Iran accuses Israel of supplying bogus components
By Jon Gambrell, The Associated Press, Dubai, United Arab Emirates (AP)Electronics Interconnect Supply Chain connectors Interconnect Iran military war
High-density circular electrical connectors used for ballistic missile program
Iran accused Israel on Thursday of trying to sabotage its ballistic missile program through faulty foreign parts that could explode, damaging or destroying the weapons before they could be used.
The Israeli prime minister’s office declined to comment on the allegation, made in a report aired on Iranian state television. A reporter also said the parts could be used in Iran’s extensive arsenal of drones as well. The report described the alleged Israeli operation as “one of the biggest attempts at sabotage” it had ever seen. It accused Israeli Mossad agents of supplying the faulty parts, which the state TV report described as low-price “connectors.”
Footage aired by state TV showed the alleged parts, some of them popping up into the air. The pieces shown in the television report appeared to be military-style, high-density circular electrical connectors. Such connectors can be used to connect electronic components of a missile or a drone, such as its guidance computer, and pass both electricity and signals.
“This was planted in a part called the connector, which is responsible for connecting the (computer) network of Iranian-made ballistic missiles, as well as drones,” state television military correspondent Younes Shadloo said in the report. “Apparently the part contained a modified explosive kit planted in it and was timed to explode at a certain time.”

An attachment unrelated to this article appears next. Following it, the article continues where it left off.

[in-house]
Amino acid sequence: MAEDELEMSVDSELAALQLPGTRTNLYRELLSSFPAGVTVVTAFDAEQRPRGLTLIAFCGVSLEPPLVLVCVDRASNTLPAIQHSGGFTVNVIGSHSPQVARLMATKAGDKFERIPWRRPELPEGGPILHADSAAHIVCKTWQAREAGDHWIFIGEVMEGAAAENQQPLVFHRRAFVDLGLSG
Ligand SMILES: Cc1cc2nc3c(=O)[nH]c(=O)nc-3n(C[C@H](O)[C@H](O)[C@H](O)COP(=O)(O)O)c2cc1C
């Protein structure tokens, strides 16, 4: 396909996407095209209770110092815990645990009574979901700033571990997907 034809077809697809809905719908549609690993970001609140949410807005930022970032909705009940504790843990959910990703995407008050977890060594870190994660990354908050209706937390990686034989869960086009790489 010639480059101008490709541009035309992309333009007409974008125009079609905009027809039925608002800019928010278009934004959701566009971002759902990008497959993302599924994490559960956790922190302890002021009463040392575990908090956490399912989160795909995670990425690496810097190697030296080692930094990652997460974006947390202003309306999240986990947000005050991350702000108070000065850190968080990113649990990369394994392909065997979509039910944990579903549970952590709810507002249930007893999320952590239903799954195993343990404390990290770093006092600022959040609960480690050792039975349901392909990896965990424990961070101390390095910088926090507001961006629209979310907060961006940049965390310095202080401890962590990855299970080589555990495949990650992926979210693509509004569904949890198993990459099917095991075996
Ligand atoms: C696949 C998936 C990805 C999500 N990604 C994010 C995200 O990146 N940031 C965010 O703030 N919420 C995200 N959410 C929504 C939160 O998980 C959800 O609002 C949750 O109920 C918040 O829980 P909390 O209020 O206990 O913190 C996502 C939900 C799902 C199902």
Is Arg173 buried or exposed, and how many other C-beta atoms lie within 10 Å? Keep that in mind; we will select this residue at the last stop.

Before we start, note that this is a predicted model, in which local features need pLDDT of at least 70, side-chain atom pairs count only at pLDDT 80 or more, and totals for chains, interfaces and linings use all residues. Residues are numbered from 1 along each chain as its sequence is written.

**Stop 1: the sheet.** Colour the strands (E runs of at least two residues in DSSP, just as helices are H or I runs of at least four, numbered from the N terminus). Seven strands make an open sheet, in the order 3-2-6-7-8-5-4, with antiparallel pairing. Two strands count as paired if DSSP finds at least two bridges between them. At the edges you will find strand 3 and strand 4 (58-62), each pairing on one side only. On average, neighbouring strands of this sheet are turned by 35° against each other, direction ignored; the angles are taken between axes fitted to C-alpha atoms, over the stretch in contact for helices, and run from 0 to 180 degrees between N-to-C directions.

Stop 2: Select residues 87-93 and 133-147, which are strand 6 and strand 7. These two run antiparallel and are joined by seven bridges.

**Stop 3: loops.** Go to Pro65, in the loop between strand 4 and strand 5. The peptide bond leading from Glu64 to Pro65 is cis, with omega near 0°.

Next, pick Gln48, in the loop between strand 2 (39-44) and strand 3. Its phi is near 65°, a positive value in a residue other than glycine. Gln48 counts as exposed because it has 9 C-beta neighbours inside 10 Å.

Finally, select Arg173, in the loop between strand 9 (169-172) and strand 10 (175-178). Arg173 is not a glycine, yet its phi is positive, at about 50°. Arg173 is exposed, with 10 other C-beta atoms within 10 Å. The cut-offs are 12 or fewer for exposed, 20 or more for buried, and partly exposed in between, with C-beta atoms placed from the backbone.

The state TV report did not explain why Iran sought to purchase the connectors abroad, though some Iranian websites advertising such connectors suggest that Russian-made ones were the best in the market. Russia faces international sanctions over its war on Ukraine, which has seen its own supply of electronics needed for missile systems challenged. Iranian-made drones used by Russia in the war also use circular connectors, according to reports by experts who have torn down the weapons. The TV broadcast did not say when authorities discovered the faulty parts, nor if they had been installed in any ballistic missile prior. In May 2022, an explosion at a major Iranian military and weapons development base east of Tehran called Parchin killed an engineer and wounded another. Other blasts have struck the program as well.
Israel has been suspected in a series of targeted slayings of nuclear scientists in Iran. Sabotage attacks also have damaged Iranian nuclear sites. The Stuxnet computer virus in the late 2000s also attacked control units for uranium centrifuges, causing the sensitive devices to spin out of control and destroy themselves. Experts widely attribute the attack to America and Israel, as does Iran.
Associated Press writers Nasser Karimi in Tehran, Iran, and Julia Frankel in Jerusalem contributed to this report.